sesamoid


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ses·a·moid

 (sĕs′ə-moid′)
adj.
Of or designating any of certain small modular bones or cartilages that develop in a tendon or in the capsule of a joint.
n.
A sesamoid bone or cartilage.

[Greek sēsamoeidēs, shaped like a sesame seed : sēsamon, sēsamē, sesame; see sesame + -oeidēs, -oid.]

ses′a·moid′ n.

sesamoid

(ˈsɛsəˌmɔɪd)
adj
1. (Anatomy) of or relating to various small bones formed in tendons, such as the patella
2. (Anatomy) of or relating to any of various small cartilages, esp those of the nose
[C17: from Latin sēsamoīdēs like sesame (seed), from Greek]

ses•a•moid

(ˈsɛs əˌmɔɪd)

adj.
shaped like a sesame seed, as certain small nodular bones and cartilages.
[1690–1700; < Latin sēsamoīdēs < Greek sēsamoeidḗs like sesame seed. See sesame, -oid]
ThesaurusAntonymsRelated WordsSynonymsLegend:
Noun1.sesamoid - any of several small round bones formed in a tendon where it passes over a jointsesamoid - any of several small round bones formed in a tendon where it passes over a joint
bone, os - rigid connective tissue that makes up the skeleton of vertebrates
kneecap, kneepan, patella - a small flat triangular bone in front of the knee that protects the knee joint
Translations

ses·a·moid

a. sesamoideo, semejante a una pequeña masa o semilla incrustada en una articulación o cartílago.
References in periodicals archive ?
Broadly, mild HV is defined as an HV angle of less than 20[degrees] and a 1-2 intermetatarsal (IM) angle less than 11[degrees], with less than 50% subluxation of the lateral sesamoid. Moderate HV is a HV angle of 20[degrees] to 40[degrees] and a 1-2 IM angle that is less than 16[degrees], with 50% to 75% subluxation of the lateral sesamoid.
When her sesamoid bone exploded, she guaranteed her demise by trying to forge on through the fracture.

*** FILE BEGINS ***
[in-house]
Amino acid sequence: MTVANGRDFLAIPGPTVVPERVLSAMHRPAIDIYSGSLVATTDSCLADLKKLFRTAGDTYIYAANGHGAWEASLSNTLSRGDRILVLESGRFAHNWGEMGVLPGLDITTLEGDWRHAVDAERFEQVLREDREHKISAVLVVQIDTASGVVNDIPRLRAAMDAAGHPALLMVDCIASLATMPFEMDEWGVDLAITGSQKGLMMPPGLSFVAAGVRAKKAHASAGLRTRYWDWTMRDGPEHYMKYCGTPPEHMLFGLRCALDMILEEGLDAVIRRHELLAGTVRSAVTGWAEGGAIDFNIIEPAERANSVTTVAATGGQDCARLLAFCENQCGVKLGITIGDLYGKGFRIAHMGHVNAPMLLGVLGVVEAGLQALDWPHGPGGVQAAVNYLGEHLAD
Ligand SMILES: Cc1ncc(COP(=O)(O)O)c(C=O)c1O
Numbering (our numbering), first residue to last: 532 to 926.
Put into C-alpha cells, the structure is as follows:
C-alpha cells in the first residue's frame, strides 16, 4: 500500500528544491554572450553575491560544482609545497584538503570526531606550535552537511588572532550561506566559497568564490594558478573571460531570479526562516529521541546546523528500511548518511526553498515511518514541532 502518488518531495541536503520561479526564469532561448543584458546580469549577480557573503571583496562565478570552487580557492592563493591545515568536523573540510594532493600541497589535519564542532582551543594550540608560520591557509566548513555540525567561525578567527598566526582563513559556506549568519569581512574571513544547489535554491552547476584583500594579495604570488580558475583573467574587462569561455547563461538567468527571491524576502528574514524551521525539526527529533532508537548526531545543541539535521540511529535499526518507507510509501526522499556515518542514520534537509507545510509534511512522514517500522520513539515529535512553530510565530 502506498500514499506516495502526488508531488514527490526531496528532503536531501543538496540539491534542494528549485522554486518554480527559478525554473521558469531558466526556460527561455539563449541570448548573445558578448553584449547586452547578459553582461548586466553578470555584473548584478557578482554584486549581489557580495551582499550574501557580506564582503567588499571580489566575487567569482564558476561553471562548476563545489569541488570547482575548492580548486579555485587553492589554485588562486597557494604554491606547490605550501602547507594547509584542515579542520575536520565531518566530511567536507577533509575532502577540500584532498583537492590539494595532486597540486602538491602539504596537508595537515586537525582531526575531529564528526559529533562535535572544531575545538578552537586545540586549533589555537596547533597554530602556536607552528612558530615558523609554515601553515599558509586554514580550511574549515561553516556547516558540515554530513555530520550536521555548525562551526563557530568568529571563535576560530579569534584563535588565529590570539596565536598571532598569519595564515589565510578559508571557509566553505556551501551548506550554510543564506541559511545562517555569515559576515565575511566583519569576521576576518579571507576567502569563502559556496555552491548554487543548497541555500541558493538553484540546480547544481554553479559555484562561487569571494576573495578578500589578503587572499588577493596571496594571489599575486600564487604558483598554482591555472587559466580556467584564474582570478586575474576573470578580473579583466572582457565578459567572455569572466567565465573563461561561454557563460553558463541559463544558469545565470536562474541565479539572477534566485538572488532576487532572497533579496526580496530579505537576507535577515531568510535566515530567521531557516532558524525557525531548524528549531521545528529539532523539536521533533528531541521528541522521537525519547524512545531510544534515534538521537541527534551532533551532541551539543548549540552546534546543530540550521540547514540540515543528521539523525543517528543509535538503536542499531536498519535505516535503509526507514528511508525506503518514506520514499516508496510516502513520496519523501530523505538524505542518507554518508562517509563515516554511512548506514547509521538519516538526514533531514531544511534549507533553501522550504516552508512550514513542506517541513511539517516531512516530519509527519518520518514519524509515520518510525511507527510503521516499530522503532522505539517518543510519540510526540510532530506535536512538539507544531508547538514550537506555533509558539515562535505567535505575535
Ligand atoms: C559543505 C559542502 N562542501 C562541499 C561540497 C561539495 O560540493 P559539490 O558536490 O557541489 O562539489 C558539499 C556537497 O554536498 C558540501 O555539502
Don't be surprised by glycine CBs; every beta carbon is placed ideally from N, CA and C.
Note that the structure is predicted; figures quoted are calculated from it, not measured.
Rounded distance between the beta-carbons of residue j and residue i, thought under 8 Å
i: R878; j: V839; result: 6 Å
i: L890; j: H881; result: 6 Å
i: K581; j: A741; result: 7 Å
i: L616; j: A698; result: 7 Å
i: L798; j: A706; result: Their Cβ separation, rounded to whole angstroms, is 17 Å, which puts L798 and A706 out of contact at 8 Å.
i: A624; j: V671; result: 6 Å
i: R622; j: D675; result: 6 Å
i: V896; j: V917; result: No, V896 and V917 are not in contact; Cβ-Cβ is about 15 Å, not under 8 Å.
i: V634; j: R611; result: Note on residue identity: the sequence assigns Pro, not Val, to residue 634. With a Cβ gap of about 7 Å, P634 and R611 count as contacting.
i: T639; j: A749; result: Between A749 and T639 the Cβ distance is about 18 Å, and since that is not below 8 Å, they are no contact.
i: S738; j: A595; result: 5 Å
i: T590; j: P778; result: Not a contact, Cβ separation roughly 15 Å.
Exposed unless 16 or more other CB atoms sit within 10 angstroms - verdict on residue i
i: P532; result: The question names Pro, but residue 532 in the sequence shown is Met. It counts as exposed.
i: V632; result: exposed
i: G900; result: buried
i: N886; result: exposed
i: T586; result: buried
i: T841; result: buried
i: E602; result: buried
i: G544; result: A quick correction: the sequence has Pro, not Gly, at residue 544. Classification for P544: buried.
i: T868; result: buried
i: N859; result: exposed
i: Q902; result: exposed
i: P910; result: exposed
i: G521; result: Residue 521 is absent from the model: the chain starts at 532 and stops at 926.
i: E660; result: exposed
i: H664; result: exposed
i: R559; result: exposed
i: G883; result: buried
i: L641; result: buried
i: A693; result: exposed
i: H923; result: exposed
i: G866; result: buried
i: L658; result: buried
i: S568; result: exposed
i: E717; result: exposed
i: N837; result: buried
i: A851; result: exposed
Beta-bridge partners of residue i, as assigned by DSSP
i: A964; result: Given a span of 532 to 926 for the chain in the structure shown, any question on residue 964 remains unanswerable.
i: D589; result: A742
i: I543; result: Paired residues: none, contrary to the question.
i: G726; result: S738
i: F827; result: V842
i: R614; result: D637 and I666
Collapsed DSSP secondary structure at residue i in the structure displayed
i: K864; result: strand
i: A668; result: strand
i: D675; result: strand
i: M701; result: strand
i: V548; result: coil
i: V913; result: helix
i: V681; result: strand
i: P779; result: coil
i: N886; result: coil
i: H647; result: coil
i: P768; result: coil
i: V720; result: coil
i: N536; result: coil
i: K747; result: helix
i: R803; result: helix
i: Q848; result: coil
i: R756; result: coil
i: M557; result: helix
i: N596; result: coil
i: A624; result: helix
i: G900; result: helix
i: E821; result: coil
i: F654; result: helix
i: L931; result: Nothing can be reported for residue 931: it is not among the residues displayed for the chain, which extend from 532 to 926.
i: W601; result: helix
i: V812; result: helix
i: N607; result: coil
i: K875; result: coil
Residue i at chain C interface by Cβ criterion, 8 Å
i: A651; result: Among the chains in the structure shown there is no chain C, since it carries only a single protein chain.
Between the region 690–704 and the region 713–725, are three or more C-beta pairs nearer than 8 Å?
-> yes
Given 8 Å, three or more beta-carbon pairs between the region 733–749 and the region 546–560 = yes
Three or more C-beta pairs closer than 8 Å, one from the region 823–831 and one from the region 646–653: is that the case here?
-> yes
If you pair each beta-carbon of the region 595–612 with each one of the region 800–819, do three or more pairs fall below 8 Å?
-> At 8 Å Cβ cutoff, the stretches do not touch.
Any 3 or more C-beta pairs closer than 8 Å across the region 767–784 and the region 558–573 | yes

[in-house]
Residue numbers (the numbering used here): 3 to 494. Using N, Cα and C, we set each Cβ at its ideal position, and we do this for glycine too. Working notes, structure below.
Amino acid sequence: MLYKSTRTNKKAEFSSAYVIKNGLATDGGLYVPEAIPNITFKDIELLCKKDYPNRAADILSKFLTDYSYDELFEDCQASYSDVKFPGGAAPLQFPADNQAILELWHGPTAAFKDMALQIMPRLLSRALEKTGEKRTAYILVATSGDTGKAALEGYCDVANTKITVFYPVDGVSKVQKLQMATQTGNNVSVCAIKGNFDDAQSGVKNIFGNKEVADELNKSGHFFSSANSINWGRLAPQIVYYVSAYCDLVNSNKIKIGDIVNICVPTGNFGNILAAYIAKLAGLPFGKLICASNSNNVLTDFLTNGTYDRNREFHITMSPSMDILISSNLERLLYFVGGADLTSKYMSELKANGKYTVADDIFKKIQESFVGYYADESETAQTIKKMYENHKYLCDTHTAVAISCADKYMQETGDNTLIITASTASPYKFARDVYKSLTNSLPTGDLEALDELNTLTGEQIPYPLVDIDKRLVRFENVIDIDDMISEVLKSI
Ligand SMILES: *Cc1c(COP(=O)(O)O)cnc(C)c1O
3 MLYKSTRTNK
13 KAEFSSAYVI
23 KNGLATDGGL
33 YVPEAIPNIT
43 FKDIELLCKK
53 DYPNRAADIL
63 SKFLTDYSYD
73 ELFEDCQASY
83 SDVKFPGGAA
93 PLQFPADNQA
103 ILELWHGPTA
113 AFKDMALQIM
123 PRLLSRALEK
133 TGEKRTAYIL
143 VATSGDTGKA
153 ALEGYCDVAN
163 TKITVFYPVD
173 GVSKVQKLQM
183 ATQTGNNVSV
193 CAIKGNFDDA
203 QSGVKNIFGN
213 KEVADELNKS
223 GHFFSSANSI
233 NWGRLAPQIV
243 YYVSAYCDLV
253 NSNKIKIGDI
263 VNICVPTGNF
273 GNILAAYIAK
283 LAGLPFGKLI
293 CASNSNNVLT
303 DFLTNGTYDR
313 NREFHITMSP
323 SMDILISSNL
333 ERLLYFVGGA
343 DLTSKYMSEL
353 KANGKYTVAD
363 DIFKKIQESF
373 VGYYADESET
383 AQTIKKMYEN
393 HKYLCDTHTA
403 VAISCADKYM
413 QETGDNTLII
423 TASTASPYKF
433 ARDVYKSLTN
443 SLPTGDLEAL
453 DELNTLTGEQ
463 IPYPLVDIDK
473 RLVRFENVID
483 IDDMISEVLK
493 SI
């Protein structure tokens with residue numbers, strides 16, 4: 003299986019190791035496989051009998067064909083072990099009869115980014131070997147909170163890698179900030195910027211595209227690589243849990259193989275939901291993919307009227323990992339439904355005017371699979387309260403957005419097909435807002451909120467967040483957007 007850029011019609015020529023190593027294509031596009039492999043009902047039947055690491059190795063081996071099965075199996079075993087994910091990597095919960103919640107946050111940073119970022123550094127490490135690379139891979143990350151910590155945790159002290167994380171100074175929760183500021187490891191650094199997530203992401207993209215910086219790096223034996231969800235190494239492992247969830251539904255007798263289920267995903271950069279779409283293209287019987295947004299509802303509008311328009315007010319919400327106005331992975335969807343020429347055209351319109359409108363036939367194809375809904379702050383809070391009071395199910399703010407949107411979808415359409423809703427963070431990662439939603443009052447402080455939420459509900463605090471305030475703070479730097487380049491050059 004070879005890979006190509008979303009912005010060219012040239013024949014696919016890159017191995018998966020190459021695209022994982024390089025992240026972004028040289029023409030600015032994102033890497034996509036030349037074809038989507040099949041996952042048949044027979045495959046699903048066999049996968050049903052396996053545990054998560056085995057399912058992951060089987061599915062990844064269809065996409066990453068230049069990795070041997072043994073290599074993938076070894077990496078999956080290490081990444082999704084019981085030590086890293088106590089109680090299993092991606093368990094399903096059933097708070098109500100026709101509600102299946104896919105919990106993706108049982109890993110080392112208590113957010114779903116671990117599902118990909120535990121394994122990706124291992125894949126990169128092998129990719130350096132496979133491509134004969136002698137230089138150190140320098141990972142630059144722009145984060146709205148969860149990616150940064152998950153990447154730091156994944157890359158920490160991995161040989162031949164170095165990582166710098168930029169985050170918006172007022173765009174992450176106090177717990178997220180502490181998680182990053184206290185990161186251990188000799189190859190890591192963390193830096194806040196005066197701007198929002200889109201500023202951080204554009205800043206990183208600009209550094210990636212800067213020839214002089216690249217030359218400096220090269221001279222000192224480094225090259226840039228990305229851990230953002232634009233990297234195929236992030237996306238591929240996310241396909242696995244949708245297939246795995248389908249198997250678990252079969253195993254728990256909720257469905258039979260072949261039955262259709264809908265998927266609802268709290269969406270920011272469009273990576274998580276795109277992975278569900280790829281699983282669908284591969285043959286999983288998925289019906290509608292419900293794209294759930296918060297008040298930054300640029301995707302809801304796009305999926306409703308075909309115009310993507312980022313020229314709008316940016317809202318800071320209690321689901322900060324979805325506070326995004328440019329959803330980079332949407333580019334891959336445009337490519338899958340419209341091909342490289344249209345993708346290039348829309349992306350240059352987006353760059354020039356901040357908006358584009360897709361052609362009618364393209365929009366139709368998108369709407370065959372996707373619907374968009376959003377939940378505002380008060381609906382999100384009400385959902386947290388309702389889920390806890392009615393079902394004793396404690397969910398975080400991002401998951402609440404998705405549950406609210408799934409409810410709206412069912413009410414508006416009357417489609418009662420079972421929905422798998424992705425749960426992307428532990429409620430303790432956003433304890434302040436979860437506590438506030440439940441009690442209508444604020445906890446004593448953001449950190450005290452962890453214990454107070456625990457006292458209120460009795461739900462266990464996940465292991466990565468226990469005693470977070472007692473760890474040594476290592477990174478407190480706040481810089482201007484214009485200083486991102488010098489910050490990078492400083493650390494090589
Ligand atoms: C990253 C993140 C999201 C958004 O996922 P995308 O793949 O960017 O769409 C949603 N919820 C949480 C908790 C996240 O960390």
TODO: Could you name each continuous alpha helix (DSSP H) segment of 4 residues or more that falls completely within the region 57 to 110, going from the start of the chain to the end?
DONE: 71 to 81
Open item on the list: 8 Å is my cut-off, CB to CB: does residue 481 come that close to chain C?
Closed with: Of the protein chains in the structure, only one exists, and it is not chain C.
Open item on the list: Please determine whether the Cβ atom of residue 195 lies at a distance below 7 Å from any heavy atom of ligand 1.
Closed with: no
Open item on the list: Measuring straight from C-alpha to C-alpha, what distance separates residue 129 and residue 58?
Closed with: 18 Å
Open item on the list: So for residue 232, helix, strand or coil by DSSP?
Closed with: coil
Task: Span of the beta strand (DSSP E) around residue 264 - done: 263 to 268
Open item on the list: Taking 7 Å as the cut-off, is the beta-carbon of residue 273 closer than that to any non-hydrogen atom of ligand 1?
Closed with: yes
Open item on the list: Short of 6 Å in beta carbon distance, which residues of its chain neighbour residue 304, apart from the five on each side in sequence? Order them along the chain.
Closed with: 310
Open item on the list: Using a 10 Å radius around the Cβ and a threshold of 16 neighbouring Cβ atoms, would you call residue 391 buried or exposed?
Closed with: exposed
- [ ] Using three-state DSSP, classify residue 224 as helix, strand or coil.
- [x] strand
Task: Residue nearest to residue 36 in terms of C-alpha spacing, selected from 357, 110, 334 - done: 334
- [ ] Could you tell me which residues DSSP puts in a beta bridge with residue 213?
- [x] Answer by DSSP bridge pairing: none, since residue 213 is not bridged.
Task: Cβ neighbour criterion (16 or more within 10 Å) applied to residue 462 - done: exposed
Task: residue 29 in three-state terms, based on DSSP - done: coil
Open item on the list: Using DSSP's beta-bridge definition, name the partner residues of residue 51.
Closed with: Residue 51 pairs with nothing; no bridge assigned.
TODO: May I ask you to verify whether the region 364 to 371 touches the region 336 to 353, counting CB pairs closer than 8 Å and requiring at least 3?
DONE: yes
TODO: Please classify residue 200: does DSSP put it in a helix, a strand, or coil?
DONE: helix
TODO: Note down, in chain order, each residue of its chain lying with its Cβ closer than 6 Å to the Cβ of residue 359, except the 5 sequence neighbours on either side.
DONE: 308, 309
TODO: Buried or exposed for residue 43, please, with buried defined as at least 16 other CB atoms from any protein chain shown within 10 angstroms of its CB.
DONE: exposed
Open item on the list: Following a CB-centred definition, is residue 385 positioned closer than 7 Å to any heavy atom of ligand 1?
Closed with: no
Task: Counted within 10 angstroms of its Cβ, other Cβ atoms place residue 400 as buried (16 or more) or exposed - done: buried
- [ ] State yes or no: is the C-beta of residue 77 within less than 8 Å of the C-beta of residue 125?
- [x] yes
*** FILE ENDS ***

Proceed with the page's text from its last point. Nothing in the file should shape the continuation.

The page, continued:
The star of Tom George's stable had been on the sidelines with a sesamoid problem since winning the Royal & SunAlliance Novices' Hurdle at Cheltenham in March 2002.
Fractures were not included if they involved the skull, bones of the face, mandible, cervical spine, or sesamoid bone of the hand, finger, or thumb.
Fractures were not included in the study if they involved the skull, bones of the face, mandible, cervical spine, or sesamoid bone of the hand, finger, or thumb.
Possibly a sesamoid bone, the spur could function as muscle or ligament attachment site, or possibly for increased movements as limb length increases.
Most equine veterinarians believe that the disease results when repeated stress cuts off blood flow to a small foot bone called the distal sesamoid, or the navicular bone.
Scapinelli[11] described in this ligament the formation of sesamoid bones, developing in connective tissue with a previous stage of fibrocartilaginous metaplasia.
McClure is studying the effectiveness of Equitripsy in healing equine musculoskeletal problems such as long bone fractures, osteo-degenerative conditions, sesamoid fractures, navicular disease and tendinitis.
Chespirito sustained a sesamoid injury, but Cashen Kuba's was more of a freak occurrence.
A descriptive study was carried out to determine the geometric shape of the sesamoid bones of the anterior region of the knee.
"When the vets X-rayed him, his sesamoid had completely come apart - it's incredible he ran the race he did, but there was absolutely no chance that he'd ever race again.